Lesbian bar

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Lesbian Bar located in Amsterdam

The lesbian bar (also called a dyke bar or women's bar) is a Bar for lesbians. The lesbian bar has a history different from gay bars.[1]

Lesbian bars existed before queer community centers, health care centers and coffee shops. For a long time, lesbian bars were places of community and validation.

Women were historically barred from public spaces having alcoholic drinks. The women's saloon presence rose in the 1920s. Mona's 440 Club was the first lesbian bar in the United States. In the 1950s, bars began opening for working class lesbians, Caucasian or African American. Because of not enough economic capital and segregation, house parties were popular with the black lesbians.[2]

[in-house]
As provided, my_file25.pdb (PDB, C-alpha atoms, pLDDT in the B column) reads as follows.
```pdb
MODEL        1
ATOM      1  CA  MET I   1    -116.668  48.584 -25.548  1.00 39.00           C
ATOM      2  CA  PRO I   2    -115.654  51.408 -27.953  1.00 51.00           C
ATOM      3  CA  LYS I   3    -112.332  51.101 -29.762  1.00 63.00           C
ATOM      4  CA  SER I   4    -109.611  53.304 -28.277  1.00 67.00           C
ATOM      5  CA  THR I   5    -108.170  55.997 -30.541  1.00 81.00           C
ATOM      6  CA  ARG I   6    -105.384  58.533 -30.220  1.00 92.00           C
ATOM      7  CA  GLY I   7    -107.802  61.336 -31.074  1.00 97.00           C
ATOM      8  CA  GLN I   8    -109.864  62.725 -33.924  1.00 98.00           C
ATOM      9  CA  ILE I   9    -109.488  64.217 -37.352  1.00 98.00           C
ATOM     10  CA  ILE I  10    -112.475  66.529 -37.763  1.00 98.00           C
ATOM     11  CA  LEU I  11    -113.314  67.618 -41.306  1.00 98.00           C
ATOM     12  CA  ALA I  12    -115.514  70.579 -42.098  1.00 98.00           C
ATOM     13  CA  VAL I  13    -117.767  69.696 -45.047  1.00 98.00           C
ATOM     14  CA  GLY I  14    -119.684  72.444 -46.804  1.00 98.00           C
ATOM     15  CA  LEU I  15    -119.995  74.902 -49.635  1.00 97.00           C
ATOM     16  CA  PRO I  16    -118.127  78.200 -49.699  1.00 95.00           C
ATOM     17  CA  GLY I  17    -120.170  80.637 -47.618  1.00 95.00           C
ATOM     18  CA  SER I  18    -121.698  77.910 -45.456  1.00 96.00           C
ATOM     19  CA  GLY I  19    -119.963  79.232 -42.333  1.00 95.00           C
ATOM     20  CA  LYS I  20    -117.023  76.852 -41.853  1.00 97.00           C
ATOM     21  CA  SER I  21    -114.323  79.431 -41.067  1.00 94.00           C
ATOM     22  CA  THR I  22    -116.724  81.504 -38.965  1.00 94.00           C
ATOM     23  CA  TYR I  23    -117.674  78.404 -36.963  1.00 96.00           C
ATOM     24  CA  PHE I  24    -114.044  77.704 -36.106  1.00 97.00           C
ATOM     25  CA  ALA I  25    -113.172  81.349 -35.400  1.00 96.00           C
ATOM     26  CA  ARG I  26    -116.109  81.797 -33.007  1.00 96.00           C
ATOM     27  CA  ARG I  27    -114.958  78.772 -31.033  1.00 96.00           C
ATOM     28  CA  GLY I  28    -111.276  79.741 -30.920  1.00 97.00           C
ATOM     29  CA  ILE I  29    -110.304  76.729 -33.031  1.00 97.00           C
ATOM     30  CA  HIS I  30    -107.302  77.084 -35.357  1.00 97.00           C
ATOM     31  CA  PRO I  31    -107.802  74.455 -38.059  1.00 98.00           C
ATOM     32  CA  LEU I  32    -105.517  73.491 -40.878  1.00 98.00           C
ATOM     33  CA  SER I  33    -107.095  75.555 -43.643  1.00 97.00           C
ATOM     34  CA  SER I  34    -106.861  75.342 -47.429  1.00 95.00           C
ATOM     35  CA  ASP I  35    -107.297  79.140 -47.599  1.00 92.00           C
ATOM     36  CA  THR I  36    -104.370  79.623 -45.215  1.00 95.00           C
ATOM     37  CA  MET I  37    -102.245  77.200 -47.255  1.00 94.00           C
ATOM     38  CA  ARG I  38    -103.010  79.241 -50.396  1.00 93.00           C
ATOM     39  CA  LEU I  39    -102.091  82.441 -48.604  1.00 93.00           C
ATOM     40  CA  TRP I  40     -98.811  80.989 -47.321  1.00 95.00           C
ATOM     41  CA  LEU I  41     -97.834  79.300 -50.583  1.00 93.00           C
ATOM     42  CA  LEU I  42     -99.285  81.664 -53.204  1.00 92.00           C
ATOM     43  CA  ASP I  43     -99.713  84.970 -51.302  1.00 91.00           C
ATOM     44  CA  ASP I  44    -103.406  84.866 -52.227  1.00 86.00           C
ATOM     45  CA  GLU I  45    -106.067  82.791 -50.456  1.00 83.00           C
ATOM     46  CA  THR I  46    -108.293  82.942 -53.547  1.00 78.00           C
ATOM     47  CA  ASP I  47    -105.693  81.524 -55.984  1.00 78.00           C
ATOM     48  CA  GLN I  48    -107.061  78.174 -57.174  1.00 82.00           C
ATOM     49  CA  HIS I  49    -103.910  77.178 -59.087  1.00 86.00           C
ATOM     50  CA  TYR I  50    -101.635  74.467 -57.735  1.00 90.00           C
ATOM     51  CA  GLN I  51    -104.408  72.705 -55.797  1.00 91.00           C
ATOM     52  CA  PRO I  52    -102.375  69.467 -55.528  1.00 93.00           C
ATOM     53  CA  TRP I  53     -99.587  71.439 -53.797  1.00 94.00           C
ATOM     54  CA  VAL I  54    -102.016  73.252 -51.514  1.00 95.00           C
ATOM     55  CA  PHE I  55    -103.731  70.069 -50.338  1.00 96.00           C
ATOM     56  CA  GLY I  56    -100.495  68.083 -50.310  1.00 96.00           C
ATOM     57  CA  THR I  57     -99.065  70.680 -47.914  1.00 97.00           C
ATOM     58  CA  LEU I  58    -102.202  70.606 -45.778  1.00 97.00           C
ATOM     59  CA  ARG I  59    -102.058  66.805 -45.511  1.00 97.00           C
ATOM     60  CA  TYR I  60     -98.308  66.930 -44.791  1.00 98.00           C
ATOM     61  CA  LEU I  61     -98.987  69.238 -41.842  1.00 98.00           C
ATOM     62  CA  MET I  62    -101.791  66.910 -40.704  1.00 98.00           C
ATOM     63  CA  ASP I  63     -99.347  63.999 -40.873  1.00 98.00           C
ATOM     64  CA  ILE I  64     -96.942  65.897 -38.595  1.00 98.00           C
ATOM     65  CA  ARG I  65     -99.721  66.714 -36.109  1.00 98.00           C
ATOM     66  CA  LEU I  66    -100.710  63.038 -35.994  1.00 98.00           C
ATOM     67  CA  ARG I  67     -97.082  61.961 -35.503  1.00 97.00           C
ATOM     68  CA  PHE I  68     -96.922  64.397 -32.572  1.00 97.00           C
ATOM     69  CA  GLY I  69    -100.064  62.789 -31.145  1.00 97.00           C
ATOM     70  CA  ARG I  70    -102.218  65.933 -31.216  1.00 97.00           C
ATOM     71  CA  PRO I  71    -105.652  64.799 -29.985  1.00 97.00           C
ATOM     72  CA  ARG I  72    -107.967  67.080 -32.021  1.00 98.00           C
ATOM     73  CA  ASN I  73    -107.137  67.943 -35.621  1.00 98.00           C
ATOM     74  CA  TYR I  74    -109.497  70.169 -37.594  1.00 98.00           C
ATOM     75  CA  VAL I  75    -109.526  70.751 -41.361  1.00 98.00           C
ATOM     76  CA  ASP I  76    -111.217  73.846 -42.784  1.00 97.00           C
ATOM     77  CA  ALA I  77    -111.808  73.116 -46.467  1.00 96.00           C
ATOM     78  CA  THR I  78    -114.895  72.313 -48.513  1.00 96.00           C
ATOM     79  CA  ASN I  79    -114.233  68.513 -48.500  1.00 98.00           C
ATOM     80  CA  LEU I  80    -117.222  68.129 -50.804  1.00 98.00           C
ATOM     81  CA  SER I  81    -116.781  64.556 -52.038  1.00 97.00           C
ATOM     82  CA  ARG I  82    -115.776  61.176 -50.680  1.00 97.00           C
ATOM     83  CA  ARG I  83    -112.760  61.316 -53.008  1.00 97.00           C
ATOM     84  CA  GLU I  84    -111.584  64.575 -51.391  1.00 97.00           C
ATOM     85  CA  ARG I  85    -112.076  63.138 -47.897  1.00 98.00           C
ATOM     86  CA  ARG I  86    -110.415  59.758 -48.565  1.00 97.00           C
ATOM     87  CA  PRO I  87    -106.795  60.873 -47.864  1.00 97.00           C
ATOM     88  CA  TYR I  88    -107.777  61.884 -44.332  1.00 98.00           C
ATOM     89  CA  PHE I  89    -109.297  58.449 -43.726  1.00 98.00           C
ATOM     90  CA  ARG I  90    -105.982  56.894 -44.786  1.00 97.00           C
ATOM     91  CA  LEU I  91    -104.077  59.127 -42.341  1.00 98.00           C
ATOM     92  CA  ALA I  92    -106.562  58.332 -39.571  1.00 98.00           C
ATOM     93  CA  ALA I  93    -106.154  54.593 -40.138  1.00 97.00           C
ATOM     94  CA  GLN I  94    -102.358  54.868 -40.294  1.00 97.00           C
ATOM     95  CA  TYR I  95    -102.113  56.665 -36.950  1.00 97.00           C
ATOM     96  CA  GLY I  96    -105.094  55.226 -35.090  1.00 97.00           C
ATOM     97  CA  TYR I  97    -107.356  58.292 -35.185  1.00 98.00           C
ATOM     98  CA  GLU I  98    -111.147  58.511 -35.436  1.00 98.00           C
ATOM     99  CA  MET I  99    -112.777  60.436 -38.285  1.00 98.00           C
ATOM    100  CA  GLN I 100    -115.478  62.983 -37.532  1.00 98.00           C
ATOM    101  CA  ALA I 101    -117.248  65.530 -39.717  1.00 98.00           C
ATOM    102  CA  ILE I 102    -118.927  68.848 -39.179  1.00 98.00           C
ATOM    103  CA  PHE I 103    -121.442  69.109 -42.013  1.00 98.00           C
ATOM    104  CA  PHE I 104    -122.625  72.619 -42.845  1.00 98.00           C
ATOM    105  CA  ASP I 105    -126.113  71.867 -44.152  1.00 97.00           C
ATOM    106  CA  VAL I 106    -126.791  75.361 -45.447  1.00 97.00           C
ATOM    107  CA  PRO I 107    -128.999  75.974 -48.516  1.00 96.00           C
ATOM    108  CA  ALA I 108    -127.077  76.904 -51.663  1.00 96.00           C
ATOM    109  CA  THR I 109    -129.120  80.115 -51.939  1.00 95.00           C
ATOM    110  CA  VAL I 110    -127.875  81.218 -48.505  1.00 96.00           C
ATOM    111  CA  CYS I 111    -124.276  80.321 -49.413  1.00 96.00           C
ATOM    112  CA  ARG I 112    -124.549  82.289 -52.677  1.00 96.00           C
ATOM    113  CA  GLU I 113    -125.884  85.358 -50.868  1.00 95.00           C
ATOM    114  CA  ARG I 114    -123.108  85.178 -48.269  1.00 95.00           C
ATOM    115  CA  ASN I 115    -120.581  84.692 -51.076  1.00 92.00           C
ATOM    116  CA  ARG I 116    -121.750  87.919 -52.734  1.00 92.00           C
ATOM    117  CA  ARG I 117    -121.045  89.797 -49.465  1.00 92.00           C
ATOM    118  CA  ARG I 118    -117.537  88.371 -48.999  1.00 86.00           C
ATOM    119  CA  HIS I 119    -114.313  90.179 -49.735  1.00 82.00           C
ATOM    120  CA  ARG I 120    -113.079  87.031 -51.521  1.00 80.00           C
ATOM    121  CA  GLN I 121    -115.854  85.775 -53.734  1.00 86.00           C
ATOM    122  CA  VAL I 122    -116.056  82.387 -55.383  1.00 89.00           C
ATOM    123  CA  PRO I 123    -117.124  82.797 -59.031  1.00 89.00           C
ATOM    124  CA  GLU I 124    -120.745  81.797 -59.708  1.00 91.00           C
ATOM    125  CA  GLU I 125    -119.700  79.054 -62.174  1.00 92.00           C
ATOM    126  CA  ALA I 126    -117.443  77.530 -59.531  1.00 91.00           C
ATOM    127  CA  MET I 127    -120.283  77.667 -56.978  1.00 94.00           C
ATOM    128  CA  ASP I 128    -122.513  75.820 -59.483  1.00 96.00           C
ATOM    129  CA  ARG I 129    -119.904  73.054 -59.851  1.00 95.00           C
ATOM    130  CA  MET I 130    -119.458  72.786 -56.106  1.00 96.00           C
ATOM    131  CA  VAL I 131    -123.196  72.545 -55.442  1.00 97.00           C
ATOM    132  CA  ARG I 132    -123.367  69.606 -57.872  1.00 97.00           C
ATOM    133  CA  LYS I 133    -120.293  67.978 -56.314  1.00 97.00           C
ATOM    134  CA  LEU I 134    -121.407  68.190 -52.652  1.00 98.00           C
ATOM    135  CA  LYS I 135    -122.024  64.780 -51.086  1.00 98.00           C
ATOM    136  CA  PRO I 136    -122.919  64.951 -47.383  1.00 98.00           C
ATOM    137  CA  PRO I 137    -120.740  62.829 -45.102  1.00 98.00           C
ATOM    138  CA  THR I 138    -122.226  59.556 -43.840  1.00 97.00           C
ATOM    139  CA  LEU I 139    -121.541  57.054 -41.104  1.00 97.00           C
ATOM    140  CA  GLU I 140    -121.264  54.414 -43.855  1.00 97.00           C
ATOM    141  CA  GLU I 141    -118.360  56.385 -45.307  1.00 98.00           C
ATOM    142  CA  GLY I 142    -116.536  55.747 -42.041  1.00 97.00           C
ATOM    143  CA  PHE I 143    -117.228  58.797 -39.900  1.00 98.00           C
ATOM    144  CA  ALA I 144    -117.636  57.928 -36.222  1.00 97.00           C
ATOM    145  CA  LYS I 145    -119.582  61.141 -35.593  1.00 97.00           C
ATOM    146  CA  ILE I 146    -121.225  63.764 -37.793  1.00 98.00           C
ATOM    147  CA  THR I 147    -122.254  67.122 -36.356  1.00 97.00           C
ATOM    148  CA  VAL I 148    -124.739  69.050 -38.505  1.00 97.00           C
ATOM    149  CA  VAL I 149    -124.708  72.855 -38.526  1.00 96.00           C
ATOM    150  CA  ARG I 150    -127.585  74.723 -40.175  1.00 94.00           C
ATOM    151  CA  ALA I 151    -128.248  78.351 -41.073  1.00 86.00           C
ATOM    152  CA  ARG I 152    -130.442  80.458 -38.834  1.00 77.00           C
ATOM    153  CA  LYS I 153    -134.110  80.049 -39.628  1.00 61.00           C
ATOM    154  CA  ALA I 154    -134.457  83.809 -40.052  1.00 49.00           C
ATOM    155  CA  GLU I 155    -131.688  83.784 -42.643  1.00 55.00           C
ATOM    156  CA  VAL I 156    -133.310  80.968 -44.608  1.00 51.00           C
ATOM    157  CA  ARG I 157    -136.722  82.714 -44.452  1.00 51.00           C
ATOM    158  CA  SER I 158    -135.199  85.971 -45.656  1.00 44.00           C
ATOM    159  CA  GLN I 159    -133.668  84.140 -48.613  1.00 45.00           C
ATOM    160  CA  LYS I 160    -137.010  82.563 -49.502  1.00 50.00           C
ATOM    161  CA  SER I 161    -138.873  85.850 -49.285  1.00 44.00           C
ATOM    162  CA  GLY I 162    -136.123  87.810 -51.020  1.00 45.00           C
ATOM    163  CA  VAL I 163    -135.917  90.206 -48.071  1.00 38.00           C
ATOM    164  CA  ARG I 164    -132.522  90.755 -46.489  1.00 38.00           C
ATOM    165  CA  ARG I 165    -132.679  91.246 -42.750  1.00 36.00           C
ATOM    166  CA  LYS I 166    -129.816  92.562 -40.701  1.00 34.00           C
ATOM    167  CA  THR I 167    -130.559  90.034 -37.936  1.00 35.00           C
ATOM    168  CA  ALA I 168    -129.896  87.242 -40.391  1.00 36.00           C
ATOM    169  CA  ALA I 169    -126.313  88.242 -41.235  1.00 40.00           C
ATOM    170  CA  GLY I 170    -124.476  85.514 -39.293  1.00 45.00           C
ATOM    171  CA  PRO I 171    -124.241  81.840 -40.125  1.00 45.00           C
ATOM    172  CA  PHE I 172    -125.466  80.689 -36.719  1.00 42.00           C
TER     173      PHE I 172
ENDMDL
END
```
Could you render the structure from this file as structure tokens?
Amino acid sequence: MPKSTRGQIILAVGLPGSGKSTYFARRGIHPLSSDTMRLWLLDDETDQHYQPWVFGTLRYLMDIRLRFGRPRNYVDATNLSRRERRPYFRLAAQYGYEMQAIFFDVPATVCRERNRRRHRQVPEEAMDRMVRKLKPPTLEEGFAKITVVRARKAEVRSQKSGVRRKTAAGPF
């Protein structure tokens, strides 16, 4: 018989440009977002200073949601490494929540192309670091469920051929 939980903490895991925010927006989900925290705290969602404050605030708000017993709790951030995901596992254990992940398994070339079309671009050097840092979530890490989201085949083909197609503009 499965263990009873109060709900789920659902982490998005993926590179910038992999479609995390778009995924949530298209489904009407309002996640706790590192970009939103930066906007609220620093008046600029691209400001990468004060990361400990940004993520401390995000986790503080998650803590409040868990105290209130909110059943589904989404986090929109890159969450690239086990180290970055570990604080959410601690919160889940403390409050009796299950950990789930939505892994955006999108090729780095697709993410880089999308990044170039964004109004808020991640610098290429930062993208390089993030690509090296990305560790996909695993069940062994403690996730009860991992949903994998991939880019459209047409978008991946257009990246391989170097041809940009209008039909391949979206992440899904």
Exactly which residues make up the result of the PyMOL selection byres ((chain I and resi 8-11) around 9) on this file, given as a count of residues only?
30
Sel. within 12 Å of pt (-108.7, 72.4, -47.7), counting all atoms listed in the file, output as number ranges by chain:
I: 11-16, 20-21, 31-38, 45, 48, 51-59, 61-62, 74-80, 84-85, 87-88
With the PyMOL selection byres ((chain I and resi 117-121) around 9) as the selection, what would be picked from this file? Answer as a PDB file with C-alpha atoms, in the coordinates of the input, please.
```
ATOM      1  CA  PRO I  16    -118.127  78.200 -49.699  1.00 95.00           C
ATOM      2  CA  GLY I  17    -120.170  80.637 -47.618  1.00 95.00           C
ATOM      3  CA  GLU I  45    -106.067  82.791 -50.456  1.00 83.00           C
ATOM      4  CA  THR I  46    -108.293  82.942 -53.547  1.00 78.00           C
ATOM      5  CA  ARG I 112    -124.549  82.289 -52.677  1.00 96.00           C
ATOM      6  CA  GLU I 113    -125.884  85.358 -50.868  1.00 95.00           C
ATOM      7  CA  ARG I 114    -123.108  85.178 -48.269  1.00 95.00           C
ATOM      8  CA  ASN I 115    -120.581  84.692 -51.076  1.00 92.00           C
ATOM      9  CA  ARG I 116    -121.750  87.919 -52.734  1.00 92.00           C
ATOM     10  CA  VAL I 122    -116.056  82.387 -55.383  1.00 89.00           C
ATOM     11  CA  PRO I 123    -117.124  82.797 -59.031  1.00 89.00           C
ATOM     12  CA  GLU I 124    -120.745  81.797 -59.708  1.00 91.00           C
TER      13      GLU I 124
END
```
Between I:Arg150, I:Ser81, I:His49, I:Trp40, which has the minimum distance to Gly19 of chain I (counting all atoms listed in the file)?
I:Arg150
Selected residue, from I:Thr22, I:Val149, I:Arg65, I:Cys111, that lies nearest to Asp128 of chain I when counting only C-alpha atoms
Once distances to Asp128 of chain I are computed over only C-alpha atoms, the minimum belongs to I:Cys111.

Lesbian and gay identification and bar culture increased with the migration and passing through of people in big cities during and after World War II.[3] In the 1970s, lesbian feminism began. Bars became important community activist spaces.

References[change | change source]

  1. "The Rise and Fall of America's Lesbian Bars". Smithsonian. Retrieved June 1, 2021.
  2. The Boots of Leather, the Slippers of Gold. Routledge. Retrieved June 1, 2021.
  3. "Lesbians in the Twentieth Century 1900-1999". Out History. Retrieved June 1, 2021.